LISBON - A Columbiana automobile dealership claims air pollution from a neighboring metal-casting business damaged its vehicles, according to a lawsuit transferred to Columbiana County Common Pleas Court.
David C. Flynn Inc., doing business as Columbiana Buick Cadillac Chevrolet, is seeking a court order against defendant Col-Pump Co. Inc. in a lawsuit that was originally filed earlier in the year in Columbiana County Municipal Court.
The companies are both located on East Railroad Street in Columbiana, and the lawsuit claims that ever since Col-Pump opened in 1986 it has discharged metal filings and related particulates into the air and onto surrounding properties.
In July 2011, new and used vehicles in the lot were found to be covered with metal particulates and other pollutants allegedly coming from Col-Pump, which the lawsuit claims is due to the company's failure to properly control its equipment. The lawsuit says Columbiana Buick was forced to hire a specialist who used an expensive technique involving clay bars to remove and restore the paint finish on vehicles.
Although Col-Pump was notified of what was going on, Columbiana Buick said the company failed to prevent it from continuing despite the fact emission-control equipment could be installed to eliminate the problem.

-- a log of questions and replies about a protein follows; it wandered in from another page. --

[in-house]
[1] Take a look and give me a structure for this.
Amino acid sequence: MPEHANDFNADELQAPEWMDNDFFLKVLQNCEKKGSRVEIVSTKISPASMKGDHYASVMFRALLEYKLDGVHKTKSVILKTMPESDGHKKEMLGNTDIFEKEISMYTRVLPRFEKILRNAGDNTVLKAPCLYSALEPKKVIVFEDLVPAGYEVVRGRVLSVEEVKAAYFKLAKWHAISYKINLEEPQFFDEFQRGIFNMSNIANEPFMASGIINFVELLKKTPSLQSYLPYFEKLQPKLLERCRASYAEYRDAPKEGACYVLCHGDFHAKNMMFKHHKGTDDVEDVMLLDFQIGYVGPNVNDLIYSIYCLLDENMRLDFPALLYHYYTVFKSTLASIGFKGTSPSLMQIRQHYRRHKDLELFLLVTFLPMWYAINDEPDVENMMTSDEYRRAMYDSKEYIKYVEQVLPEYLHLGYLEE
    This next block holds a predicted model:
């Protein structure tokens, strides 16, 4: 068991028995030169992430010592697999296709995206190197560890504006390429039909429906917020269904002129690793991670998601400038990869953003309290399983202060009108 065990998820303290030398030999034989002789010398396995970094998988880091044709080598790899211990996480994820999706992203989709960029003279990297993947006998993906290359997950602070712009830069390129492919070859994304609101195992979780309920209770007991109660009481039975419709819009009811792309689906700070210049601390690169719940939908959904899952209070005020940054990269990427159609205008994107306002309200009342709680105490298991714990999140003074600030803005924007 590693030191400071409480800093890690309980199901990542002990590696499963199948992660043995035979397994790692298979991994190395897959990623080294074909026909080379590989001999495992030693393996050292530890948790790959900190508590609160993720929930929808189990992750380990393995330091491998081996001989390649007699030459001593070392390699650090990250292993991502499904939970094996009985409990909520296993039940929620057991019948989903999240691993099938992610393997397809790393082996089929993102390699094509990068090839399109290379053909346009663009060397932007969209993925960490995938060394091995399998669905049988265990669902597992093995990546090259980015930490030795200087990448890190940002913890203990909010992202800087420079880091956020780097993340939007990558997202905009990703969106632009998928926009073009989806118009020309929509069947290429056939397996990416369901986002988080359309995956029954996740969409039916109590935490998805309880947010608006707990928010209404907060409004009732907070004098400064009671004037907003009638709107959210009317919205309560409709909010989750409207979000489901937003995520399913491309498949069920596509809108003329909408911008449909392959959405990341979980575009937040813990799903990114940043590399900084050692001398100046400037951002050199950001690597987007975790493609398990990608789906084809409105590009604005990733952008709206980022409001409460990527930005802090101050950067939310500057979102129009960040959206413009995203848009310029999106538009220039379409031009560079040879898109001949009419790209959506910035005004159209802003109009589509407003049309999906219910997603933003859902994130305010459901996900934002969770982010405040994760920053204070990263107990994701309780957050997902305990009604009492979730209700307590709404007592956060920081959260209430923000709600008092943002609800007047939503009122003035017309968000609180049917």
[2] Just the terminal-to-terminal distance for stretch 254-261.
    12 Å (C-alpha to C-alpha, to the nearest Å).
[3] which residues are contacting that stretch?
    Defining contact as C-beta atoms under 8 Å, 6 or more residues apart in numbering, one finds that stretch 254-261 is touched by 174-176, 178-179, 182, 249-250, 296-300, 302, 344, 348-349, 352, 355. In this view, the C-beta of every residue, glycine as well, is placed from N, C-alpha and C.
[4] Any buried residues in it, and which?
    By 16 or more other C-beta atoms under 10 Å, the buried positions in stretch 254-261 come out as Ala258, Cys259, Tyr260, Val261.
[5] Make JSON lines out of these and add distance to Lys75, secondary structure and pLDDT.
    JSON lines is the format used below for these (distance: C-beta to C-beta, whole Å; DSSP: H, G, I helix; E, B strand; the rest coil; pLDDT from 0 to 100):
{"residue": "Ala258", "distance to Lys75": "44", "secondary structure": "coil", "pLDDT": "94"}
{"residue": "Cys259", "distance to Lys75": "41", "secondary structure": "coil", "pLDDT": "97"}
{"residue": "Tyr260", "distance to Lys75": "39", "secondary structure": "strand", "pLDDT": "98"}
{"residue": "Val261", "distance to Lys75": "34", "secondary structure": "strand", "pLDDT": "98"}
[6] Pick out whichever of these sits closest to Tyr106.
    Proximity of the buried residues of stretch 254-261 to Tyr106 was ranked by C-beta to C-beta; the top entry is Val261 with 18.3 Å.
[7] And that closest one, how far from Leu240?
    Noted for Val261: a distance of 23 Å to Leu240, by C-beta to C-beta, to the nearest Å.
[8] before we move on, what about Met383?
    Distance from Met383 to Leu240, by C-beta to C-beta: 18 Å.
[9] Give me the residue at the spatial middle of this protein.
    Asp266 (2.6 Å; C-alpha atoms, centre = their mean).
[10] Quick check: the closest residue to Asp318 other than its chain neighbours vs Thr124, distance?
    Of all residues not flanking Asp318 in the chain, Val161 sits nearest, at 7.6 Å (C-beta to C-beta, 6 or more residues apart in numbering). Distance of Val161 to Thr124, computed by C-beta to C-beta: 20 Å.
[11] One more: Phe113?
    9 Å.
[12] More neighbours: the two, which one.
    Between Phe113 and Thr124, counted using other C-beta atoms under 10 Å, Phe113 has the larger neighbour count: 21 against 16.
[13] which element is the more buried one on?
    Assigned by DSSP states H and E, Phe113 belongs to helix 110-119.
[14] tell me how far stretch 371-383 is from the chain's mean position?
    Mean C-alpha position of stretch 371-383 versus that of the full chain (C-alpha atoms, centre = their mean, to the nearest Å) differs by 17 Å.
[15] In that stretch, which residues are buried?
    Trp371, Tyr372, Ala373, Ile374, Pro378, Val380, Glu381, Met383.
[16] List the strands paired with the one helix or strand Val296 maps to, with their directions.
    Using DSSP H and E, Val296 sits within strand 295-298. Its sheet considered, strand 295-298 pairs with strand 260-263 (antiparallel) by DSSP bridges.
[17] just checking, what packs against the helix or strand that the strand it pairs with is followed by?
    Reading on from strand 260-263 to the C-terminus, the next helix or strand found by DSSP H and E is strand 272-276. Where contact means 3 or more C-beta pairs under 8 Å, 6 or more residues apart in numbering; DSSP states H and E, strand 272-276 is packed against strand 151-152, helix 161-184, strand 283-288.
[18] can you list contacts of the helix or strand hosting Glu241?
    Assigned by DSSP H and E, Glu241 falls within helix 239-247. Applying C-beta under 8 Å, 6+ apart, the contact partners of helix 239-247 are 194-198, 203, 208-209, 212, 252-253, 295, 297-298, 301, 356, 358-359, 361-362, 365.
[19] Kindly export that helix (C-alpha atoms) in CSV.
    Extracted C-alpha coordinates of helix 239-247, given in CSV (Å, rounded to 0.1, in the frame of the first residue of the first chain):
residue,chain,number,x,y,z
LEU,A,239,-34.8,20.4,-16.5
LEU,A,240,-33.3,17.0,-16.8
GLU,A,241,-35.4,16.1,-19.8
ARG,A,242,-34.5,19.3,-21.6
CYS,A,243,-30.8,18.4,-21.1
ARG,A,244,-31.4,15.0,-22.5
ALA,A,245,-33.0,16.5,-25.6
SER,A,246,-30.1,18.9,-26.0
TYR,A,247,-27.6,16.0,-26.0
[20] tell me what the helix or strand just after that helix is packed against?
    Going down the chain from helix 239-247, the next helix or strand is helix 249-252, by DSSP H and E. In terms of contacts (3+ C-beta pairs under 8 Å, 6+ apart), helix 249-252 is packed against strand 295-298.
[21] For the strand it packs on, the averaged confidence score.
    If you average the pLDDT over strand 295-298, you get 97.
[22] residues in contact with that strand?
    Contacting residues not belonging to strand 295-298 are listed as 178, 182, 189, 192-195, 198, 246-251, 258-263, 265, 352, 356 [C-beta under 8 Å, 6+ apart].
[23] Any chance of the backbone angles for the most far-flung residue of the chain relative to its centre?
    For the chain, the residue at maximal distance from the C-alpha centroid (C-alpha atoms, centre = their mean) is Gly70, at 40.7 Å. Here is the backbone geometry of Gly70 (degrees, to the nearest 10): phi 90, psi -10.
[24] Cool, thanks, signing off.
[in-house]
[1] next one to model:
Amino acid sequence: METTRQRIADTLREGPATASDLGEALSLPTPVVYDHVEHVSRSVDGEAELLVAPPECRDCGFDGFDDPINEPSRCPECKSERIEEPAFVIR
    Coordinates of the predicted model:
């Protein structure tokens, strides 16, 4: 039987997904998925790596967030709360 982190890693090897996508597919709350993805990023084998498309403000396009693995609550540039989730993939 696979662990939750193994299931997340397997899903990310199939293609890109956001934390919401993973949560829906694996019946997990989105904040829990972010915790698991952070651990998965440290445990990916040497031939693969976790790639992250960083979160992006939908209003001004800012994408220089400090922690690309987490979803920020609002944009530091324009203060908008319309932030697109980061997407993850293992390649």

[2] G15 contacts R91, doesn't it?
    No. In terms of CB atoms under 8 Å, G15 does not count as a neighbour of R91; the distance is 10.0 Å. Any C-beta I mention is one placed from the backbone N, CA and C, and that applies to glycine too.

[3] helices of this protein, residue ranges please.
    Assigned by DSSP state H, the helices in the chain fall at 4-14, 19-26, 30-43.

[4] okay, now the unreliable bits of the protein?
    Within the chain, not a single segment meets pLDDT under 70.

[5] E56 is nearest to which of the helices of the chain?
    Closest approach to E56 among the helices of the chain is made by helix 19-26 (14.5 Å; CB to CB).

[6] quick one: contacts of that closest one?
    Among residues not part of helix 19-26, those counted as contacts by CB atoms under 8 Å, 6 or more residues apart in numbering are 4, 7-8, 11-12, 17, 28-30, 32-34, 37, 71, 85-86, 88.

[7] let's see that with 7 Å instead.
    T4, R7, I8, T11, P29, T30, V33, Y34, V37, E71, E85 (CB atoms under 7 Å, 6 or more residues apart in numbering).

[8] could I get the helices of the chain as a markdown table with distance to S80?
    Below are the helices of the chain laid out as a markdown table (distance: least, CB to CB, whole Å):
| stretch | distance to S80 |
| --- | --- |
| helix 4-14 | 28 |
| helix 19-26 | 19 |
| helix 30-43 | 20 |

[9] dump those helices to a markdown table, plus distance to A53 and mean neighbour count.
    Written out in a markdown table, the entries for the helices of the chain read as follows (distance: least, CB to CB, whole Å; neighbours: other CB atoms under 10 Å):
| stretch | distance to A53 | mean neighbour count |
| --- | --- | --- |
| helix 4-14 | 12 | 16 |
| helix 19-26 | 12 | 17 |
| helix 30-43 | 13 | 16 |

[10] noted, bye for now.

The original lawsuit seeks a court order requiring Col-Pump to cease emitting these emissions, saying the company's failure to do so not only constitutes a legal trespass but is in "reckless disregard of the lives and health of those persons, including plaintiff, living and working in the area of the factory ..."
Also sought was up to $15,000 in damages, which is the maximum amount a municipal court can consider in taking a civil case.
Col-Pump, in its court response, denied the allegations and said it lacked enough information to form an opinion as to the accusations about vehicles covered and damaged by particulates from the plant.
Col-Pump went on to file a counterclaim accusing Columbiana Buick of harassment by filing what the company amounts to a frivolous lawsuit. The company said prior to the original lawsuit being filed on May 31 it contacted the Ohio Environmental Protection Agency, and an OEPA representative told them Columbiana Buick wanted Col-Pump "shut down."
In its counterclaim, Col-Pump's attorney said the OEPA concluded its investigation into the matter "after failing to discover the presence of any particulates or foreign matter emanating" from the plant or falling onto the dealership property.